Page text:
Underwater? How Long Will It Take to Build Back Your Equity?
One of the hottest topics in the mortgage industry these days is strategic defaults, or borrowers who decide to "walk away" from their mortgages. Often times, these borrowers are so far underwater - owing more than what their home is worth - that they see no other option than to abandon their contract. In a country that has experienced home-price declines of some 30% in about three years, according to Fiserv Lending Solutions, thousands of American homeowners have seen the equity in their homes all but disappear.
Lew Sichelman wrote an excellent piece for the trade publication National Mortgage News citing a fresh study which explored the likelihood that an underwater borrower would walk away from their home, even if they could afford to make payments.
The article noted that "fewer than one in 1,000" borrowers would mail in the keys with just a 10% deficit, only 5% would walk away with a gap of 10% to 20% and only 17% would go voluntarily without selling if they were 50% underwater. Sichelman's take is that 'strategic defaults' are "well-reported, if not well documented." We agree; the number of homeowners defaulting by choice is probably quite small relative to the problem as a whole.
But what about those who stay? What happens to them?
Given that a sizable chunk of the population is perhaps 10% to 20% underwater, we thought we'd run a few quick calculations to see what the 95% of borrowers who stay put might face in their financial futures.
We needed to make a few assumptions, of course. A borrower who bought a $200,000 home in January of 2006 with a fully-amortizing, fixed-rate mortgage at 6% with a 5% down payment probably saw a little lift in prices for that year, overall, but the softening of home prices was already getting underway by late in the year.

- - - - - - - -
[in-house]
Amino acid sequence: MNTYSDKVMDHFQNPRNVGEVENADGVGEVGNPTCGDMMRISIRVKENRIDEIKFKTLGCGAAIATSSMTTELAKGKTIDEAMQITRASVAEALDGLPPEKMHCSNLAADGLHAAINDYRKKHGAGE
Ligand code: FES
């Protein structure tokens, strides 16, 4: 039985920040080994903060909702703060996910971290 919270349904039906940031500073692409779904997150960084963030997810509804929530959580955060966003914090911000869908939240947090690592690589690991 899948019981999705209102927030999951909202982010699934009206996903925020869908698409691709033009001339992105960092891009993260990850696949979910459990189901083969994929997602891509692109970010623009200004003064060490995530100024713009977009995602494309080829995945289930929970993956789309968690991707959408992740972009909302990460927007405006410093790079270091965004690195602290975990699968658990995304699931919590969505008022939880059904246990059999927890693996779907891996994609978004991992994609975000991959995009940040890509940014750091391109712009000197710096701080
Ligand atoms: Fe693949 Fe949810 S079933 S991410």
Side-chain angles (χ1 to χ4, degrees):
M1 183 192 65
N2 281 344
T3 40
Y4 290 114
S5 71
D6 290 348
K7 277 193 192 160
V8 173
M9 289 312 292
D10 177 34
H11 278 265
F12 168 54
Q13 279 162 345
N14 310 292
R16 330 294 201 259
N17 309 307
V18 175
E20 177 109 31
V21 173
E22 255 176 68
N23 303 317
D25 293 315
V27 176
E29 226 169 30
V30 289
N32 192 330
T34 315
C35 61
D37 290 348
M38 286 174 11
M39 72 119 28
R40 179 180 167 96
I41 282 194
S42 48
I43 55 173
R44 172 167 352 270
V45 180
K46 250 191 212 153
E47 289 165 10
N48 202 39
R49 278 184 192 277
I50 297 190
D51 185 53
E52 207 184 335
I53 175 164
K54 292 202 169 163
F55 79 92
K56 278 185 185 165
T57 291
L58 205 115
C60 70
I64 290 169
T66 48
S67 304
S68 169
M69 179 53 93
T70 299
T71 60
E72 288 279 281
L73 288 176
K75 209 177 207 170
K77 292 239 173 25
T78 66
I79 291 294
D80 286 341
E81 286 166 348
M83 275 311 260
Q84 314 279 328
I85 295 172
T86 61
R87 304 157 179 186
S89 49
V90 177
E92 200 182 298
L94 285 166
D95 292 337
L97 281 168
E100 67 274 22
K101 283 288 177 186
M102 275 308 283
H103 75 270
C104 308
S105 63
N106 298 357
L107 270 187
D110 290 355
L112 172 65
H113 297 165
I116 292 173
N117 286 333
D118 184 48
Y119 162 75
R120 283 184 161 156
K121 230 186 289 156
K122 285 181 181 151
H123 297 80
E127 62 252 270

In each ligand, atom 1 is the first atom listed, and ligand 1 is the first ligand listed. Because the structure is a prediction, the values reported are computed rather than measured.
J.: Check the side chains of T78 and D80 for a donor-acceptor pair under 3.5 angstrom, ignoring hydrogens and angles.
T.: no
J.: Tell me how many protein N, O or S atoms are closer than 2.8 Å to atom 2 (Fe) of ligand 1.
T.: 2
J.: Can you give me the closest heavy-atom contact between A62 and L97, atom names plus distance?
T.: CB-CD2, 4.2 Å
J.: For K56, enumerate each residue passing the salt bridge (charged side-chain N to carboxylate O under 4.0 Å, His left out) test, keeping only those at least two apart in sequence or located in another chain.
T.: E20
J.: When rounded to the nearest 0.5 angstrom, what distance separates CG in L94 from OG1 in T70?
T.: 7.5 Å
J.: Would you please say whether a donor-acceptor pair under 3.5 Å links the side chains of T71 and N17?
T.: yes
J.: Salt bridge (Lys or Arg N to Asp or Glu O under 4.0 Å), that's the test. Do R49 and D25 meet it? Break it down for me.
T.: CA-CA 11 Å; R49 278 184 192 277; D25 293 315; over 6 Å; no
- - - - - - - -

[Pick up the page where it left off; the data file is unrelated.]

However, for the sake of argument, we've ascribed a 10% annualized decline in value from Jan 2006 through October 2008, then a 5% annualized rate though November of 2009 (we realize the declines have been nowhere as even or regular as these but the effect should be roughly the same). Doing so put our borrower at a loan-to-value ratio of almost 127% -- deeply underwater and certainly at a level where one might consider walking away.
We can't say for sure what will happen with prices in the future, but since there have been some signs of leveling off, we assumed that through June 2010 there will feature a 0% rate of increase or decrease, followed by a 14-month period of 2% annual price increases, then a 12-month period of 2.5% gains before finally settling in to a flat 3% annual increase going forward.
|Jan 2006 - Oct 2008|
Nov 2008 - Nov 2009
Dec 2009 - June 2010
July 2010 - Aug 2011
Sept 2011 - Aug 2012
Sept 2012 - May 2015
June 2015 - July 2016
Aug 2016 - July 2022
Following this pattern, a borrower would finally come back to a 100% LTV level in May 2015. That is, they are back to a 0% equity level, where the value of their home is equaled by the amount they still owe on their mortgage... better than 10 years into making payments. Worse, even though they are finally at 0% ownership, the value of the home is almost $39,000 below their starting point.